Those are starters again, of the humorous kind.
Absolu featured a double page devoted to news of the sort, the kind that would make the reader smile softly. I was in charge of accompanying, or triggering off, the smile.
This one left illustrated a brief news item on an "exposition de glands" taking place in a very serious and appropriately intellectual Paris galerie. The word means, obviously, the crown of the penis, but also, the acorn of an oaktree, and finally, in this case, an oval-shaped, fringed textile device used as decoration for curtains and other fabric draping.
Paris "vespasiennes" are famous around the world. The cubicle was, it is said, invented by Roman emperor Vespasianus, after whom the device was named. Basically they were urinals scattered all over the capital to concentrate the liquid waste of Parisian males. As can be seen here, they were esthetically designed, allowing for relative intimacy and efficient ventilation.
The only problem, which I was commissioned to illustrate, was that at one given moment in time, the French government had decided to eradicate a few of them at strategic points of the city to be replaced by car parks...
Gorillas for rent was the title of
this sarcastic piece of news. Any celeb could hire the services of big,
combat-trained hulks from a Paris agency, the better to elude the affection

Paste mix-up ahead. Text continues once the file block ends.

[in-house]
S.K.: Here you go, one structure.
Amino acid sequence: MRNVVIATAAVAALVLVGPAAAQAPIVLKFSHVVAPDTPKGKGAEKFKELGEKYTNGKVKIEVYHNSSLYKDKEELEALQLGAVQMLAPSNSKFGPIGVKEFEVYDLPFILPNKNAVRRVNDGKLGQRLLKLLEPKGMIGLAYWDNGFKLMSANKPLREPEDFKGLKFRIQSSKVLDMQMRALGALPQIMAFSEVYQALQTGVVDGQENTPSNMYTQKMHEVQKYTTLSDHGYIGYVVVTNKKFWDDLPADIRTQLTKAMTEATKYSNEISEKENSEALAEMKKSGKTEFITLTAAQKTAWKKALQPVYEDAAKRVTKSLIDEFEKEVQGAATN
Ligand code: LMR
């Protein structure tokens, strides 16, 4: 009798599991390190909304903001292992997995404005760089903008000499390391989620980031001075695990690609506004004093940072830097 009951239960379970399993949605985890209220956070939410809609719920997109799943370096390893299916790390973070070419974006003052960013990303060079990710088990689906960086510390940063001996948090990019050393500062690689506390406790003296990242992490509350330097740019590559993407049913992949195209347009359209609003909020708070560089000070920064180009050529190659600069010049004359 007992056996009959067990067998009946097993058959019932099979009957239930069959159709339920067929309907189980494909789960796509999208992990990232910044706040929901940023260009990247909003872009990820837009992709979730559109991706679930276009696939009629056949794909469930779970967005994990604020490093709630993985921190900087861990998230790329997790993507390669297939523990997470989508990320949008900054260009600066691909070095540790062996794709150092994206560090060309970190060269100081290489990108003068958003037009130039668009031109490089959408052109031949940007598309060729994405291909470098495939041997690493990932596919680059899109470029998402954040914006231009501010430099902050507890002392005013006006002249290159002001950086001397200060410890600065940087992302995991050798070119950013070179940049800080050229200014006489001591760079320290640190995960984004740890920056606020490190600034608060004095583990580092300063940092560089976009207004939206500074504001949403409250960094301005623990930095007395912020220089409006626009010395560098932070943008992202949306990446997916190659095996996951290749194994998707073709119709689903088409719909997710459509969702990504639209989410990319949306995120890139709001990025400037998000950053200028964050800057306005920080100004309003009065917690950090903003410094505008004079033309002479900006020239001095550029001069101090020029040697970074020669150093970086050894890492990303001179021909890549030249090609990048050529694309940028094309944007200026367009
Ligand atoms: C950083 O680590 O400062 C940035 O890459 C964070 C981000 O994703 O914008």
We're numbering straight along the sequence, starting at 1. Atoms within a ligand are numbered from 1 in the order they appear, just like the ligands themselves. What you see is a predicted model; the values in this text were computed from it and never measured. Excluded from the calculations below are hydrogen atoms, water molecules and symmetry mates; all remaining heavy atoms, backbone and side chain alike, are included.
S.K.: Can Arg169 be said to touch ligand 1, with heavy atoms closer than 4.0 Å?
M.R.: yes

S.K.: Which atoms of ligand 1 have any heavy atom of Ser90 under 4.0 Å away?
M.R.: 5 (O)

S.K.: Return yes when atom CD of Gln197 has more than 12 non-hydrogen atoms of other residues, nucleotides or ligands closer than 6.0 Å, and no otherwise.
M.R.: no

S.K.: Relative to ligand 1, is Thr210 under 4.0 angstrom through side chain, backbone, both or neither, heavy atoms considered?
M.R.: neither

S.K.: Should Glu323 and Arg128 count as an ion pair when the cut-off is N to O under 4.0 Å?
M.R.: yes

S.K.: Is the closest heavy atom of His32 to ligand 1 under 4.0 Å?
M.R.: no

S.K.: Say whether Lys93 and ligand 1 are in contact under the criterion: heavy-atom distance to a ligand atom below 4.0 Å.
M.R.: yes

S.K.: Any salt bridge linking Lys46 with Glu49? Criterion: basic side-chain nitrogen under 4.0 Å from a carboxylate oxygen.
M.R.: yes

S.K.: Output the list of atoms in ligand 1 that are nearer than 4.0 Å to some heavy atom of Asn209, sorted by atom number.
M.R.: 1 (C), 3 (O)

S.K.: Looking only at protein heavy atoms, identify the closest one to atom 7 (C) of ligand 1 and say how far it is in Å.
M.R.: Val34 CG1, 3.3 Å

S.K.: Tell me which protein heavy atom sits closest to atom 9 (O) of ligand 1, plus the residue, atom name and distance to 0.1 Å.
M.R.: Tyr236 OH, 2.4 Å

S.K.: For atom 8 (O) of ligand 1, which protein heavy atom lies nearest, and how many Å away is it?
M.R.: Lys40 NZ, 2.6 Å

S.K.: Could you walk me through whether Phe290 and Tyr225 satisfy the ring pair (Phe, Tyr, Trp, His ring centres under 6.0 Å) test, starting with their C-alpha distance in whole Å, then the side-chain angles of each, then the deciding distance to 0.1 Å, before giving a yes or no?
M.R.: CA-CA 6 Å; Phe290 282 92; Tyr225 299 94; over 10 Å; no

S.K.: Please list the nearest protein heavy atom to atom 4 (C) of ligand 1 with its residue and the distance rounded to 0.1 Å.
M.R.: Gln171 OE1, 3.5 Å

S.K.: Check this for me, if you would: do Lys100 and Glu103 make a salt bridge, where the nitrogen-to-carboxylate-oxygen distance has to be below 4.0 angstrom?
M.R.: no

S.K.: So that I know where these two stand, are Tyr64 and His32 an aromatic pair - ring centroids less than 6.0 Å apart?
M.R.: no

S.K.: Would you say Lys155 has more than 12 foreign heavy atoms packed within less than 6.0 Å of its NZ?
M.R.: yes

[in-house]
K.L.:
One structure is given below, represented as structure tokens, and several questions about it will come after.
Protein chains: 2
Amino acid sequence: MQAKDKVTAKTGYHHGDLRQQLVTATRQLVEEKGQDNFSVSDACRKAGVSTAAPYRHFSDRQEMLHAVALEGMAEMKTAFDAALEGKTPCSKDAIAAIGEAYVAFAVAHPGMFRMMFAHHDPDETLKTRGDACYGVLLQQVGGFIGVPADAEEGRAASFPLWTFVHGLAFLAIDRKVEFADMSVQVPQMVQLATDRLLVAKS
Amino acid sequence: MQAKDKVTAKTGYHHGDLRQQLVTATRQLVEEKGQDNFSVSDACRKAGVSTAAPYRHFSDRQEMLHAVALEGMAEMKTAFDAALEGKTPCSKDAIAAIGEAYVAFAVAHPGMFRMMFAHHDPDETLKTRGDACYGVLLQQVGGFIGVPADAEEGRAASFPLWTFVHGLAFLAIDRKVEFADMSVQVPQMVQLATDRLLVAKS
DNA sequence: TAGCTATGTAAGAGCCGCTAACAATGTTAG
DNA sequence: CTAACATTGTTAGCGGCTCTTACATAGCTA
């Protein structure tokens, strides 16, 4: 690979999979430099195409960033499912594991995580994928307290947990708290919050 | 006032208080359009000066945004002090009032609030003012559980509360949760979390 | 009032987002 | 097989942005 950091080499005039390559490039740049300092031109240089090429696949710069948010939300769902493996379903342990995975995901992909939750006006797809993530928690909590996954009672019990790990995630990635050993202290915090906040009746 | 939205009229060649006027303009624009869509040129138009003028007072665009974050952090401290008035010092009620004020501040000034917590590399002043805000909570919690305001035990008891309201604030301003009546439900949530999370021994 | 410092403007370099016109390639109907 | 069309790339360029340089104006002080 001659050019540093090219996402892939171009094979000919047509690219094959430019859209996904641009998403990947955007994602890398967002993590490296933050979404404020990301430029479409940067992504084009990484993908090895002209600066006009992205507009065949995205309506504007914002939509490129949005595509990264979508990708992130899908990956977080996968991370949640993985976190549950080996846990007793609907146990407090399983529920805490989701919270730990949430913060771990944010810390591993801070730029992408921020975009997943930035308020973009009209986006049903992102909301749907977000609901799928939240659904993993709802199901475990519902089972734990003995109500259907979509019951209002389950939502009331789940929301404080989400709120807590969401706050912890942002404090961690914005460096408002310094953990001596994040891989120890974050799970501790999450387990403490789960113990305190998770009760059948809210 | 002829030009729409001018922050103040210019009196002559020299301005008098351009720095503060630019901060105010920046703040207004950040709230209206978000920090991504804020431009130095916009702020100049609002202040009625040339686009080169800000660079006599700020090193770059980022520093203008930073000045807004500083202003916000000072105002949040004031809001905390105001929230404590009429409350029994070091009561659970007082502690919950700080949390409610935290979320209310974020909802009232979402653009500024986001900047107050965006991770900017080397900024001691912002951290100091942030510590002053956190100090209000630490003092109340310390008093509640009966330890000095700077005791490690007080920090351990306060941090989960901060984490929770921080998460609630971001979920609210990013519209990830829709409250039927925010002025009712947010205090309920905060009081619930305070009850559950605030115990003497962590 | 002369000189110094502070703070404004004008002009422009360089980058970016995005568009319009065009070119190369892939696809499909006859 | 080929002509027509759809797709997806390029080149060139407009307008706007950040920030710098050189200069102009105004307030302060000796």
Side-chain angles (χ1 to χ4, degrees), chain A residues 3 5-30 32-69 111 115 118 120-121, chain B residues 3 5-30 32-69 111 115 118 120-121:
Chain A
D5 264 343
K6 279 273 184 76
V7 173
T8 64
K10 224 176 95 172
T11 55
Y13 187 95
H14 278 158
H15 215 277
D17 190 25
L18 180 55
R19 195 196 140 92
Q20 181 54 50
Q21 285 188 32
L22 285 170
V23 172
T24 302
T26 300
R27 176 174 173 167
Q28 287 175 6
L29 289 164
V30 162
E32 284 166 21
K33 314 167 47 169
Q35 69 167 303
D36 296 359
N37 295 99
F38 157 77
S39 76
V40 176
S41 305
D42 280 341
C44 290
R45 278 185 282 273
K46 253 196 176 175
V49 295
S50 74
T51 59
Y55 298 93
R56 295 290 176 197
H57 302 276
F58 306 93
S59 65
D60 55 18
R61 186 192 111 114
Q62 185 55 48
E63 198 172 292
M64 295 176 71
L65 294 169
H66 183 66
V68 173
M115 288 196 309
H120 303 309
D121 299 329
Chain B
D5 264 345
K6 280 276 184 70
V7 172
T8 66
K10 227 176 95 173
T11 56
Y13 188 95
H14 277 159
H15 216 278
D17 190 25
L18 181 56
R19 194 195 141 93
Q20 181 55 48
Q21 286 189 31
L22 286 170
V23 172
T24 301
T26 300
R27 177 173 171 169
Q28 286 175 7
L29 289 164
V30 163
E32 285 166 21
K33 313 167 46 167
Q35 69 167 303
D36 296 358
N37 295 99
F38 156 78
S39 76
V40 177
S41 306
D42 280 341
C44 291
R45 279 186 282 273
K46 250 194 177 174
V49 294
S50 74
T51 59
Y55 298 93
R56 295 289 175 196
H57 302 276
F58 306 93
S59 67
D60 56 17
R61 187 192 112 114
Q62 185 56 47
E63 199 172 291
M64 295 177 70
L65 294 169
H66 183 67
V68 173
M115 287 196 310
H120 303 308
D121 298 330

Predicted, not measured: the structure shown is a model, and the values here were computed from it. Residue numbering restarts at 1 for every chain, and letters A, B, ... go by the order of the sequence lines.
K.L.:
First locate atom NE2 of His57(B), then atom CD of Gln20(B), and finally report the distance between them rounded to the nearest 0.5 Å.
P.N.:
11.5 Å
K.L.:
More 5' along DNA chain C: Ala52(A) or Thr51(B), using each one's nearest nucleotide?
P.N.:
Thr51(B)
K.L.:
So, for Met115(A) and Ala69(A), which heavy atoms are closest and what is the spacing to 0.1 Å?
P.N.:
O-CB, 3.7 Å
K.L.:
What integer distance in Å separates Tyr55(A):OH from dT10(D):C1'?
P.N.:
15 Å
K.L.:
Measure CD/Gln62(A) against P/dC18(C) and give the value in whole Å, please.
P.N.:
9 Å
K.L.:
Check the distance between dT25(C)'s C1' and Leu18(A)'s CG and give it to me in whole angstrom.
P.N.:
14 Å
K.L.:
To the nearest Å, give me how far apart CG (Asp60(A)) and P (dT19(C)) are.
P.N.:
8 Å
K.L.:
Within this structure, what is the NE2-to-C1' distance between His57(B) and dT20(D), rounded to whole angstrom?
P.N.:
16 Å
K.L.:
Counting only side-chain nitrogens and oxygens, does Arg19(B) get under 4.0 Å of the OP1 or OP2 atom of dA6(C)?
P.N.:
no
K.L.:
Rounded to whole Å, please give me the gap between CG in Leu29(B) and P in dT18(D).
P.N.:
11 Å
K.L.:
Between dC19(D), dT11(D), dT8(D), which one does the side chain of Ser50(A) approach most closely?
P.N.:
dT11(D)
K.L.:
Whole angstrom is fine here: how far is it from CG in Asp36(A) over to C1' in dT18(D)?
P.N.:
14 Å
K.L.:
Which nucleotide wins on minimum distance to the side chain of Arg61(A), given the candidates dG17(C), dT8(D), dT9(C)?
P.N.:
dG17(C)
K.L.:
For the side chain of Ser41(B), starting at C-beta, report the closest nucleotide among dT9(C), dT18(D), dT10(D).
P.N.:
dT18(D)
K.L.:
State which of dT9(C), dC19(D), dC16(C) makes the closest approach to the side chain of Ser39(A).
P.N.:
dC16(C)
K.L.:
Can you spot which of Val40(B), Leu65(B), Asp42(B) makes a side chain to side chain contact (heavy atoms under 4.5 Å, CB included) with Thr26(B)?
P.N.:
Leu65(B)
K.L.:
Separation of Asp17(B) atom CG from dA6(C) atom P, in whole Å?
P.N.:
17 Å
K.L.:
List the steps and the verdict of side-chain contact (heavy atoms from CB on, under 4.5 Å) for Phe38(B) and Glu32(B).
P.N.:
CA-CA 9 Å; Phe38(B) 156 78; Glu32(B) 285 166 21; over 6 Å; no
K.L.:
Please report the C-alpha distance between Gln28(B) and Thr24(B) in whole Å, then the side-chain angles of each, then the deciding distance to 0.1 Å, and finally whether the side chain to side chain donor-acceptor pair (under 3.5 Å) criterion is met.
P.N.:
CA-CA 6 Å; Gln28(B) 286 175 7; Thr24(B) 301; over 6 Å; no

of insistent fans... of course I had other scenarios in mind.
And yet I got no copyright money from the screenwriters of Bodyguard , who committed their own script decades later...
|Above is an illustration of a story that made the news at the time. Some nut in the US had the idea of casting the erect penis of any client asking (and paying big bucks) for the service. He then turned the artifacts into lamps that could innocently ornate bedside tables. Narcissistic, but decorative...
|This cartoon, left, I committed at the occasion of the Bicentenary of American Independence. That should help you date this lèse-majesté, but the idea was to admire Uncle Sam's sustainable vigor.
|Right is an allusion to the dramatic increase of sex crimes in Paris and around in the mid-seventies. The reversal of situation seemed to me a good idea at the time. Today humor on this subject is inappropriate, and justifiably so.
|This above illustrated an article about a Freudian reading of fairy tales in general. Inspired by David Hamilton's pubescent girls, I focused on the potentialities of Alice in Wonderland.